Wan, that April
"Pieces of April," about a punkish daughter who hosts an unlikely Thanksgiving dinner for her family in her tiny Lower East Side apartment, comes out underdone.
By DAVID N. BUTTERWORTH
"Pieces of April" is a nice, slight, low-budget indie brimming with good intentions and made for very little money (estimates vary, but "under $200,000" seems to be the consensus). It's directed by Peter Hedges, who adapted the screenplays for Bruce Hornby's "About a Boy" and his own "What's Eating Gilbert Grape" and stars, among others, Katie Holmes ("Phone Booth," "Wonder Boys"), Oliver Platt ("Ash Wednesday," "ZigZag"), and Patricia Clarkson ("Far From Heaven" and "The Station Agent," currently in theaters).
Holmes plays April, the punk black-sheep daughter of Jim (Platt) and Joy (Clarkson) Burns who, against everybody's better judgment including her own, has agreed to host Thanksgiving dinner in her minuscule Lower East Side apartment. April's parents, shutter-happy brother Timmy (John Gallagher Jr.), uptight operatic sister Beth (Alison Pill), and dotty old grandmother Dottie (Alice Drummond) pile into the family station wagon and head to New York City in a move reminiscent of Greg Mottola's "The Daytrippers" (although that film was a lot funnier) while April rushes from one rundown apartment to another looking for help while experiencing one culinary disaster after another.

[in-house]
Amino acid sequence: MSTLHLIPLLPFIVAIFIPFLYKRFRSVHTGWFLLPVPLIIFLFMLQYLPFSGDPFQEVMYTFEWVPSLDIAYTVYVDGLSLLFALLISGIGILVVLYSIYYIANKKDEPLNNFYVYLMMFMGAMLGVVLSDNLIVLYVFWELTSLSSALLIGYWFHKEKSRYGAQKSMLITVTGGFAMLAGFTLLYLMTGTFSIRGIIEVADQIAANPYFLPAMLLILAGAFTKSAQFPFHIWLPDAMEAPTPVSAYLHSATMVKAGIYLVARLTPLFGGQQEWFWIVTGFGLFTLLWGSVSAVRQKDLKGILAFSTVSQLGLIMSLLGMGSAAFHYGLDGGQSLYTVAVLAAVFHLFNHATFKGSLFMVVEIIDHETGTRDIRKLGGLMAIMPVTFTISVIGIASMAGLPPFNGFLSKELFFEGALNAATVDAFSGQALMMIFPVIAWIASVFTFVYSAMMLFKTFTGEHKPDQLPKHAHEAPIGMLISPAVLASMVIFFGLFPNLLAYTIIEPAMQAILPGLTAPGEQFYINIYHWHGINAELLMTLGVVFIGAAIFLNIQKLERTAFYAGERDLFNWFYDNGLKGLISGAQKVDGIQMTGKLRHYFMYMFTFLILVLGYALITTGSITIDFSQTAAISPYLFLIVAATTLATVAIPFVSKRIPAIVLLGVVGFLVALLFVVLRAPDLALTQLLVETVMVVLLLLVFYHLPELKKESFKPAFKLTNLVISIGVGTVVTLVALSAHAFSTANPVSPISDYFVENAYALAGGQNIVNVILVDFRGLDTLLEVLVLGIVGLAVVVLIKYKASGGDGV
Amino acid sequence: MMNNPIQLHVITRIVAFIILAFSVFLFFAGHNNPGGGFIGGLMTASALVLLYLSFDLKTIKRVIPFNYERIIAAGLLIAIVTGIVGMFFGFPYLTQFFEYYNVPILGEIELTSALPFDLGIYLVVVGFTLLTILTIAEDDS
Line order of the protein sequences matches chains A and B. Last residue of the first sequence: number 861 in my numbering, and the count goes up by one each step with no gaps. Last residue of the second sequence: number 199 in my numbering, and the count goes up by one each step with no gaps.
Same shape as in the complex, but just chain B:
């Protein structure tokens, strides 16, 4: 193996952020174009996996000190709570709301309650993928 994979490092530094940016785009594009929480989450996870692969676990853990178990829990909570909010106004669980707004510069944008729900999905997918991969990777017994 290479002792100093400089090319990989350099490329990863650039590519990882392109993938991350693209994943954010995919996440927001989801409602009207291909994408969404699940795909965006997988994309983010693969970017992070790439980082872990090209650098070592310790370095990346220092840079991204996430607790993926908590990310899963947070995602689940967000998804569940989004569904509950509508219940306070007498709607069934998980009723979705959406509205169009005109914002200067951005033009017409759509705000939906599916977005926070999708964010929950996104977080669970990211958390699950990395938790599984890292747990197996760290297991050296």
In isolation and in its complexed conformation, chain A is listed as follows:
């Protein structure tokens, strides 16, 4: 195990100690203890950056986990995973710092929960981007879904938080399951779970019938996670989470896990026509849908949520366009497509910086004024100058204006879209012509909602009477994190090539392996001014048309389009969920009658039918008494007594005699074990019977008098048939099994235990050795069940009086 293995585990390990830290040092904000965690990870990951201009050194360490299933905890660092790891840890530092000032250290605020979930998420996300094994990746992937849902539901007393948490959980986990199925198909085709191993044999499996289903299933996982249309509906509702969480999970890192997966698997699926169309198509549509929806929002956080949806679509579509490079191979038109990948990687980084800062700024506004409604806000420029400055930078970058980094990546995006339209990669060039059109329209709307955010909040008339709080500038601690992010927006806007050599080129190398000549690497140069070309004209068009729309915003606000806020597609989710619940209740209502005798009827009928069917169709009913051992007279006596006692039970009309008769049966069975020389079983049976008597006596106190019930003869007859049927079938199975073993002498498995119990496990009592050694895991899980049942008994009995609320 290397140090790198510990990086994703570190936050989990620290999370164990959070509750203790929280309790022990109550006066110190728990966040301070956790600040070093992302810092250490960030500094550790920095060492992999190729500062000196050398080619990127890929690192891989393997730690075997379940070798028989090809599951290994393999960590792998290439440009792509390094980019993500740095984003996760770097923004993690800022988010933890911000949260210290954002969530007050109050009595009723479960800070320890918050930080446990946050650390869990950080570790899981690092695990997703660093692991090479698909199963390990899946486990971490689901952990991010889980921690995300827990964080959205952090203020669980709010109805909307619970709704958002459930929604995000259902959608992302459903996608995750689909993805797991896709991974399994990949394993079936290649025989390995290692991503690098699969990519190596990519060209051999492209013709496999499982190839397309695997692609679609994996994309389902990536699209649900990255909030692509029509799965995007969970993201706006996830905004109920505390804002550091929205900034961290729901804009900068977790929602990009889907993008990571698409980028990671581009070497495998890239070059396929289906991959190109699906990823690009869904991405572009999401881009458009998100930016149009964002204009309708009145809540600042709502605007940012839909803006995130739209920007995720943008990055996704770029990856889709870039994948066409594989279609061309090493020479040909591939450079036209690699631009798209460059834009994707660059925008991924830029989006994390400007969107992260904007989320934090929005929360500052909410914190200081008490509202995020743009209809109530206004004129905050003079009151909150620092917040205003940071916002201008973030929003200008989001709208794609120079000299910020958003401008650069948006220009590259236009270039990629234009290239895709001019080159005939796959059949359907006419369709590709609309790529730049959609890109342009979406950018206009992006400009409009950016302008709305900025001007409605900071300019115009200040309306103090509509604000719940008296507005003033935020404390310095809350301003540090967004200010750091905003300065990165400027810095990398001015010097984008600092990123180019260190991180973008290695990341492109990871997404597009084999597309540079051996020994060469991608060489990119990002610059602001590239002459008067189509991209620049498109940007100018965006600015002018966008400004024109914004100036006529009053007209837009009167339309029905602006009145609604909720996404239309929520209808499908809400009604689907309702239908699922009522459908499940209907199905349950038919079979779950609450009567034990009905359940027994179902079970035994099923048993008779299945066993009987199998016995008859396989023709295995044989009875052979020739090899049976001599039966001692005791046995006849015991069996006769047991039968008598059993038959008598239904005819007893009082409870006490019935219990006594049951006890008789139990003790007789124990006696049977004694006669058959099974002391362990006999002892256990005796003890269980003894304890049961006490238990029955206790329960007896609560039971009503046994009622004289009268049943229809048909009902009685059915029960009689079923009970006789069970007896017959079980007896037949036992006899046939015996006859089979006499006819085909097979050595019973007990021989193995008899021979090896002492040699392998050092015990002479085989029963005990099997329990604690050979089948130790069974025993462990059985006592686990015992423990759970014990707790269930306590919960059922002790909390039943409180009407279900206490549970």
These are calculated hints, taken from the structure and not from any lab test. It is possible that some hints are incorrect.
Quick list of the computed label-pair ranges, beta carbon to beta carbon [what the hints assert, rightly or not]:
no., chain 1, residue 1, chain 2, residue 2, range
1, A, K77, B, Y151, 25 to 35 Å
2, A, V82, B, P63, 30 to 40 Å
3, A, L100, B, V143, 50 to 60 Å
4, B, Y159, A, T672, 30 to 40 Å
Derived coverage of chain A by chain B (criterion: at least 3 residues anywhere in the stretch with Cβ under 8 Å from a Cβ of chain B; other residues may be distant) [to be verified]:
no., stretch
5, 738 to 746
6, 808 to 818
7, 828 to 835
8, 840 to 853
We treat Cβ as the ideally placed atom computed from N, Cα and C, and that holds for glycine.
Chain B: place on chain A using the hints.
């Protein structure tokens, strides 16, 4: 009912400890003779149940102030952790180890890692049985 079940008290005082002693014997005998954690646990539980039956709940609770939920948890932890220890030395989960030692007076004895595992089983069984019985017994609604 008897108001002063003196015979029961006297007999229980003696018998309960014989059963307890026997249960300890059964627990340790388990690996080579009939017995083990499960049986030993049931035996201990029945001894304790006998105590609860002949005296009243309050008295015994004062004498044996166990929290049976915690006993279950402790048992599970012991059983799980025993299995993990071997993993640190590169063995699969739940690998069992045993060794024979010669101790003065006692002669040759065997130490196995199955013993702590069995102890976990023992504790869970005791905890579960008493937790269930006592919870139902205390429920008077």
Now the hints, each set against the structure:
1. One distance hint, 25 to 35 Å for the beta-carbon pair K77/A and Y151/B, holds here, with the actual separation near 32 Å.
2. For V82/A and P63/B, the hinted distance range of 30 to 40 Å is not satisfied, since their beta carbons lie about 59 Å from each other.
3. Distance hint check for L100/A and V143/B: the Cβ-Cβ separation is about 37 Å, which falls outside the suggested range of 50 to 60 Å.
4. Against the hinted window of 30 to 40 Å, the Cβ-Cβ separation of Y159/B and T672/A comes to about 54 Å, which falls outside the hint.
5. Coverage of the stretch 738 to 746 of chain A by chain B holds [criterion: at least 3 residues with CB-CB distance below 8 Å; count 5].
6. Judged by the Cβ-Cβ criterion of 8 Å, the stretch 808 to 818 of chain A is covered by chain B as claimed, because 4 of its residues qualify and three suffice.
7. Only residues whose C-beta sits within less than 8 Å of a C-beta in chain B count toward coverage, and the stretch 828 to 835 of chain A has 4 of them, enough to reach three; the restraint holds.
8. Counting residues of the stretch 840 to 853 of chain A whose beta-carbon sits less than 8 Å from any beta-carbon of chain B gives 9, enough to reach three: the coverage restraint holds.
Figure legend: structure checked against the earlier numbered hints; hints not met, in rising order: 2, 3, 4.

|PIECES OF APRIL|
|Written and directed by: Peter Hedges.|
Cast: Katie Holmes, Patricia Clarkson, Oliver Platt, Derek Luke, Sean Hayes, Alison Pill, John Gallagher Jr., Alice Drummond, Lillias White, Isiah Whitlock Jr., Sisqo, Armando Riesco.
Related links: Official site | All of David N. Butterworth's reviews at Rotten Tomatoes
The cast is commanding, especially the leads, but the film isn't nearly as funny as it ought to be. In fact, it's rather sad and depressing for the most part (the dreary look of the film, shot on digital video in just 16 days, doesn't help any). But everything culminates in a scene that's so incredibly moving it virtually negates all of the false starts and occasional wrong notes and sporadic sour tones that went before it Mom has breast cancer and vomits a lot, April's boyfriend is (gasp!) African-American, all of the neighbors fit a convenient stereotype, etc. And in that regard it shocks us silly with its powerful statement about the enduring love of family.
|NOVEMBER 11, 2003|
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